May 18, 1996 |
Workers ripped out a bay window and several rows of bricks from a house Friday to remove a nearly 1,000-pound man--possibly the heaviest person in the world--and take him to the hospital. Michael Hebranko, who once lost 700 pounds and became a spokesman for Richard Simmons' Deal-A-Meal diet program, was carried through the 10-by-5-foot hole on a stretcher used to move small whales. He was transferred to an ambulance by forklift.
December 25, 1991 |
Walter Hudson, who made headlines by slimming down from 1,200 pounds to 520 and leaving his home for the first time in 18 years, died of a heart attack Tuesday. He was 46 and weighed 600 pounds. Hudson had suffered from the flu for three days, said Lottie Whitehead, a niece who lived with him. He hadn't left his suburban New York City home in more than a year, she said. His body remained there Tuesday night because it would not fit through the front door, Whitehead said.
June 19, 2008 |
Gastric bypass surgery -- a treatment for obesity that is already known to reduce heart disease and diabetes -- decreases the incidence of cancer by 80% over the five years following the procedure, Canadian researchers reported Wednesday. The incidence of two of the most common tumors, breast and colon, was reduced by 85% and 70%, respectively, Dr. Nicolas Christou of McGill University in Montreal said.
June 18, 2013 |
Is smoking a disease? Few of us would think so. It's a terribly unhealthful habit that can cause various fatal and chronic diseases, but it is not an illness unto itself. There are smokers who remain disease-free. So it's hard for me to jump on board with the American Medical Assn.'s decision Tuesday to recognize obesity as a disease. That recognition has no official meaning; it is relevant only to the AMA. But as problematic as obesity is for our society, and as closely linked as it is to serious illnesses, there are obese people who have no apparent health problems.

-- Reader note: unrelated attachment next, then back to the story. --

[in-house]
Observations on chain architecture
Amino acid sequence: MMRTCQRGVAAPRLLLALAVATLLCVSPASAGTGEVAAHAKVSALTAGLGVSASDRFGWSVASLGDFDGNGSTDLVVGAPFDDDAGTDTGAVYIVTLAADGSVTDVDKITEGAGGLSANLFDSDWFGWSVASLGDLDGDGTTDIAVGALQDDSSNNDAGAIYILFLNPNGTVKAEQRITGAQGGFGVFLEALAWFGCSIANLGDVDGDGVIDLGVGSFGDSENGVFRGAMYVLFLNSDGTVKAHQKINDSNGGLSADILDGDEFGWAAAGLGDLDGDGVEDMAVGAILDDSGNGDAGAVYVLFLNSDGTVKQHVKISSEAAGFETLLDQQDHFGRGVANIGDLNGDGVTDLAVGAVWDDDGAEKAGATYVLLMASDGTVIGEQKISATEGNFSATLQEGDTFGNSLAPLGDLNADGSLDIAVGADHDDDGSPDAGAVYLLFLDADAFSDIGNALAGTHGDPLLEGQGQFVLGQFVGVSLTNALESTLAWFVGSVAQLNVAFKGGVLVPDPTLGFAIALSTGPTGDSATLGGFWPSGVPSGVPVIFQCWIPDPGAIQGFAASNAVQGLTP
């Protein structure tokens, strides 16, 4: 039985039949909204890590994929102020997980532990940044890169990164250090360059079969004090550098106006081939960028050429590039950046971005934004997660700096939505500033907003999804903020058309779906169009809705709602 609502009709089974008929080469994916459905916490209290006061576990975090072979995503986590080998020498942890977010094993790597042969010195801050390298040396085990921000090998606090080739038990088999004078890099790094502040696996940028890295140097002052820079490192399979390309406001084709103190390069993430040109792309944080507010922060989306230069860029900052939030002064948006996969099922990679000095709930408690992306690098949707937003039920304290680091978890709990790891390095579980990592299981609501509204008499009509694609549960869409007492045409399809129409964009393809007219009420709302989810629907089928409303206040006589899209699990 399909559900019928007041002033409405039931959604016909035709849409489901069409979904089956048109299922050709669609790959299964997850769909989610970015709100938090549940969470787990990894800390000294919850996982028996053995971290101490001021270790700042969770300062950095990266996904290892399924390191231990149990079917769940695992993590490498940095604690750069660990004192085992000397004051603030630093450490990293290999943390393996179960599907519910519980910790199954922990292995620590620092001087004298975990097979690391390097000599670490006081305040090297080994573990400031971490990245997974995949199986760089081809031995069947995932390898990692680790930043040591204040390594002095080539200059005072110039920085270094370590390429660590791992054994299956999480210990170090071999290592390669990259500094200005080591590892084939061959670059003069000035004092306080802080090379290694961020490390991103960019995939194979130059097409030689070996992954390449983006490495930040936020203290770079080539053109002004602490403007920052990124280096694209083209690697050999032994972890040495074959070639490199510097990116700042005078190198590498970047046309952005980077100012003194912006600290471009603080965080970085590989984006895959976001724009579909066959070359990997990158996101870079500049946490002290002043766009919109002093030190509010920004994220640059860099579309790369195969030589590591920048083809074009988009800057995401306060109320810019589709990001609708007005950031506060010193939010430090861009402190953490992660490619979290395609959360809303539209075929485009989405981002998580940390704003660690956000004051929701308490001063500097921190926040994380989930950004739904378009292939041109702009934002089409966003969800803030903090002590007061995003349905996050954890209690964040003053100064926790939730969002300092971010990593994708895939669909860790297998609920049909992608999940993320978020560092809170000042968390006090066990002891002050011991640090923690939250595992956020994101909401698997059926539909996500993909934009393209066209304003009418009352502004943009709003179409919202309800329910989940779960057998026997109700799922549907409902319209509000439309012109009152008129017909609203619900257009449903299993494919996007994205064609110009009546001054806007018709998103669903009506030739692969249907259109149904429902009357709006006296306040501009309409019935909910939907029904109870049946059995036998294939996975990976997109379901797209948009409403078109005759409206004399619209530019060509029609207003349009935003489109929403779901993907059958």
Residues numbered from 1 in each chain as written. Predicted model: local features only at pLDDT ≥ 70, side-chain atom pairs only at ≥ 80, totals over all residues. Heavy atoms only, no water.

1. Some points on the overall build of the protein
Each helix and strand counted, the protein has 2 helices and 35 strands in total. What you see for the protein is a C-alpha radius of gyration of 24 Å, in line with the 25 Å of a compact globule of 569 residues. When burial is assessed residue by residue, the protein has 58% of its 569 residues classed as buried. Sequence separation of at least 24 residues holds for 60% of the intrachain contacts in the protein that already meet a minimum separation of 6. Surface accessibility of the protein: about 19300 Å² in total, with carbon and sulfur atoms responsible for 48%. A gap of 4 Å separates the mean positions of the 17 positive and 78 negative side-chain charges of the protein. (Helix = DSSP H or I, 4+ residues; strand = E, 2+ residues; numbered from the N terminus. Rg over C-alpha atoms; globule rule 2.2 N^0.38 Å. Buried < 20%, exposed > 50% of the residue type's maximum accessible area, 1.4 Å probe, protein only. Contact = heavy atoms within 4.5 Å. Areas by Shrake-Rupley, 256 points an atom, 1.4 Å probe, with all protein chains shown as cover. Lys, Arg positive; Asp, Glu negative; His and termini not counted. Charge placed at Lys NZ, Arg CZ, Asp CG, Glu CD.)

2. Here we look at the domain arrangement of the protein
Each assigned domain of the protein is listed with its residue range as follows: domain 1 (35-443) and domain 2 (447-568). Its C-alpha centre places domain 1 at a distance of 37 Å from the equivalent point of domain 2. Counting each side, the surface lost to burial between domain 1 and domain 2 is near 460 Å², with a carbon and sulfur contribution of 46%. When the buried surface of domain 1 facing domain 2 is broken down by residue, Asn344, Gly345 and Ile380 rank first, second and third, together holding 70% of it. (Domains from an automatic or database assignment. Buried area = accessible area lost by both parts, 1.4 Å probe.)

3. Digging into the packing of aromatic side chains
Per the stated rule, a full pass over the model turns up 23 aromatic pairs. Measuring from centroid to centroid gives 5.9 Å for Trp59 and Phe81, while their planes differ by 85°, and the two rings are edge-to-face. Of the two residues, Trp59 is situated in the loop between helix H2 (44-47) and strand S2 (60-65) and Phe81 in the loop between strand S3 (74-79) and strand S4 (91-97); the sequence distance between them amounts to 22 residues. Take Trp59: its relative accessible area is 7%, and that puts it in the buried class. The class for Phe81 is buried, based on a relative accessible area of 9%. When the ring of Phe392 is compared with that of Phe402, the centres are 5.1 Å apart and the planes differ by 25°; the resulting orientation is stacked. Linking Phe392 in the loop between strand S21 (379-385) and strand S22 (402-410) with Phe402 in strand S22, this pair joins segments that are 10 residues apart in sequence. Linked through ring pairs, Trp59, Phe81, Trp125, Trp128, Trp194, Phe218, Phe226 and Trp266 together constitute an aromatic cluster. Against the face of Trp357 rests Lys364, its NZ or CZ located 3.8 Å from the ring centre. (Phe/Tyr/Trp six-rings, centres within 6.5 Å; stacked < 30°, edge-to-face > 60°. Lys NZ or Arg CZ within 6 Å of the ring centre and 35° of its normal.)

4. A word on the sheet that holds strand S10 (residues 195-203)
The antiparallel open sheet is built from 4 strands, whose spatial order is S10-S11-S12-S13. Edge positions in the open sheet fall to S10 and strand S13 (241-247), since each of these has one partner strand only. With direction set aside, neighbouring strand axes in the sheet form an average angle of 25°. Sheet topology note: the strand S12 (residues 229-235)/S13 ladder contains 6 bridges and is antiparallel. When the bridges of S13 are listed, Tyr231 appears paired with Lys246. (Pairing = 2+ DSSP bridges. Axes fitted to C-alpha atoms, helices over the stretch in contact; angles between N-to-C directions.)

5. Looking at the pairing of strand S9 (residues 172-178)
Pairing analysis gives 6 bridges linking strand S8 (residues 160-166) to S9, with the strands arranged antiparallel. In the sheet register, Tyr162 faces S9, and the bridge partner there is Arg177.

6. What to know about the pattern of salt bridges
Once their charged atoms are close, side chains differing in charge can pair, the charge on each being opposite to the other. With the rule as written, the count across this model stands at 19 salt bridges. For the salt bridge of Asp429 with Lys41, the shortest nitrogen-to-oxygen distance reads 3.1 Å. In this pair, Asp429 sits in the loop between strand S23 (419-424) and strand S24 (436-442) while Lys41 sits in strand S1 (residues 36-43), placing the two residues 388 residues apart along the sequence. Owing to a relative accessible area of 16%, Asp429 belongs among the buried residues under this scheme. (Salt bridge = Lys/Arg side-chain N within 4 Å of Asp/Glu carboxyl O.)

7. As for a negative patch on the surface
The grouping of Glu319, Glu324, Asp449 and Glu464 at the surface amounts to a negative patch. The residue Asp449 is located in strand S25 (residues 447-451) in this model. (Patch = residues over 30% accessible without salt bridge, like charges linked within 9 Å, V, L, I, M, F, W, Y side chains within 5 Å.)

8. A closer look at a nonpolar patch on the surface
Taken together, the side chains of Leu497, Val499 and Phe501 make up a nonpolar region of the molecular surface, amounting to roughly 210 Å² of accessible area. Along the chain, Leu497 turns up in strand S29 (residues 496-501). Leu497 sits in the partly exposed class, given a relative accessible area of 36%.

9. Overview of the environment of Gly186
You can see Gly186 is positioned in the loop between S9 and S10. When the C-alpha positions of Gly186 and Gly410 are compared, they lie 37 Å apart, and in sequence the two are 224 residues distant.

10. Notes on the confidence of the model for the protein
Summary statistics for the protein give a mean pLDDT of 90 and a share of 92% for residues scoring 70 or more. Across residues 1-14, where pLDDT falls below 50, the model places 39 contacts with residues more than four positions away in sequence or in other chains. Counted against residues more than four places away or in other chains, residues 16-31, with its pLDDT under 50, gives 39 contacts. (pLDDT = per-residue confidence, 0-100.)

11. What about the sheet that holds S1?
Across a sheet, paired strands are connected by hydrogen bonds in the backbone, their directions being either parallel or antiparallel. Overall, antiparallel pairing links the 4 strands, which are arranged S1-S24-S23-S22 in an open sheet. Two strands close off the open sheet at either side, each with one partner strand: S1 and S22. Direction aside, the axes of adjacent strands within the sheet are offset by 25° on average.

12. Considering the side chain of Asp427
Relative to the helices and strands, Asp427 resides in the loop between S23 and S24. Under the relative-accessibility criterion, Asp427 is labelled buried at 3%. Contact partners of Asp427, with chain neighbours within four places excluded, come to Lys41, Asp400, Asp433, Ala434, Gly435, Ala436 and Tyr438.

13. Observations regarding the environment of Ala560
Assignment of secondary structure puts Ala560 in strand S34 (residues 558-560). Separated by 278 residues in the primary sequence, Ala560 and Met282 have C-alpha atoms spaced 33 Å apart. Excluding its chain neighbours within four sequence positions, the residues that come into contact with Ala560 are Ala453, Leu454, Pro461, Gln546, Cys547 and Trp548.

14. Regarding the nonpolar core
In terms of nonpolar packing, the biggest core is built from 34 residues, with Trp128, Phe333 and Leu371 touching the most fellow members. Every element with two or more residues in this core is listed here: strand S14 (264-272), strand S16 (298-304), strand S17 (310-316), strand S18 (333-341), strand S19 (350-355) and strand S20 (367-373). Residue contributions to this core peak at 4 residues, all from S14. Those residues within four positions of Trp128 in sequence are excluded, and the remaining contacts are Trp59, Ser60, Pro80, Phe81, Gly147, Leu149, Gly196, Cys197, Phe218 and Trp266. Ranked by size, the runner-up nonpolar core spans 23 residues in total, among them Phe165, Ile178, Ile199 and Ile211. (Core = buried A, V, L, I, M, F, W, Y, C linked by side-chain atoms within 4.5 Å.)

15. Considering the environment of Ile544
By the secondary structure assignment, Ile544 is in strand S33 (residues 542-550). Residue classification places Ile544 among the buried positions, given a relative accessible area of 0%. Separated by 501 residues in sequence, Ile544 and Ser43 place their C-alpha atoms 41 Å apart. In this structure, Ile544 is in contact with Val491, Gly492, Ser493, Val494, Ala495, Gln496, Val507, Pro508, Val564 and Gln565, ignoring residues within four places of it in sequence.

December 2, 2013 |
So your body mass index says you're obese, but you don't have "pre-diabetes" - a mix of factors such as hypertension, high cholesterol and high glucose levels that indicates you're on the road to metabolic illness. And you're thinking you've beaten the odds, right? Wait 10 years, a new study says. Odds are, you'll be proven wrong. New research finds that even when a person is "metabolically healthy," being obese raises his or her risk for cardiovascular disease and premature death.
June 30, 2012
Re "Federal panel urges counseling for obese adults," June 26 There is no denying that we have a major problem with obesity in this country. But there remains a stubborn denial that the cure lies largely with patients and not more government regulation. In dentistry we share with our patients a very simple equation: Too many sugary foods and a lack of good oral hygiene equal cavities and gum disease. It is really that simple for 90% of our patients; taking personal responsibility for good eating habits and reasonably good oral hygiene solves most dental problems.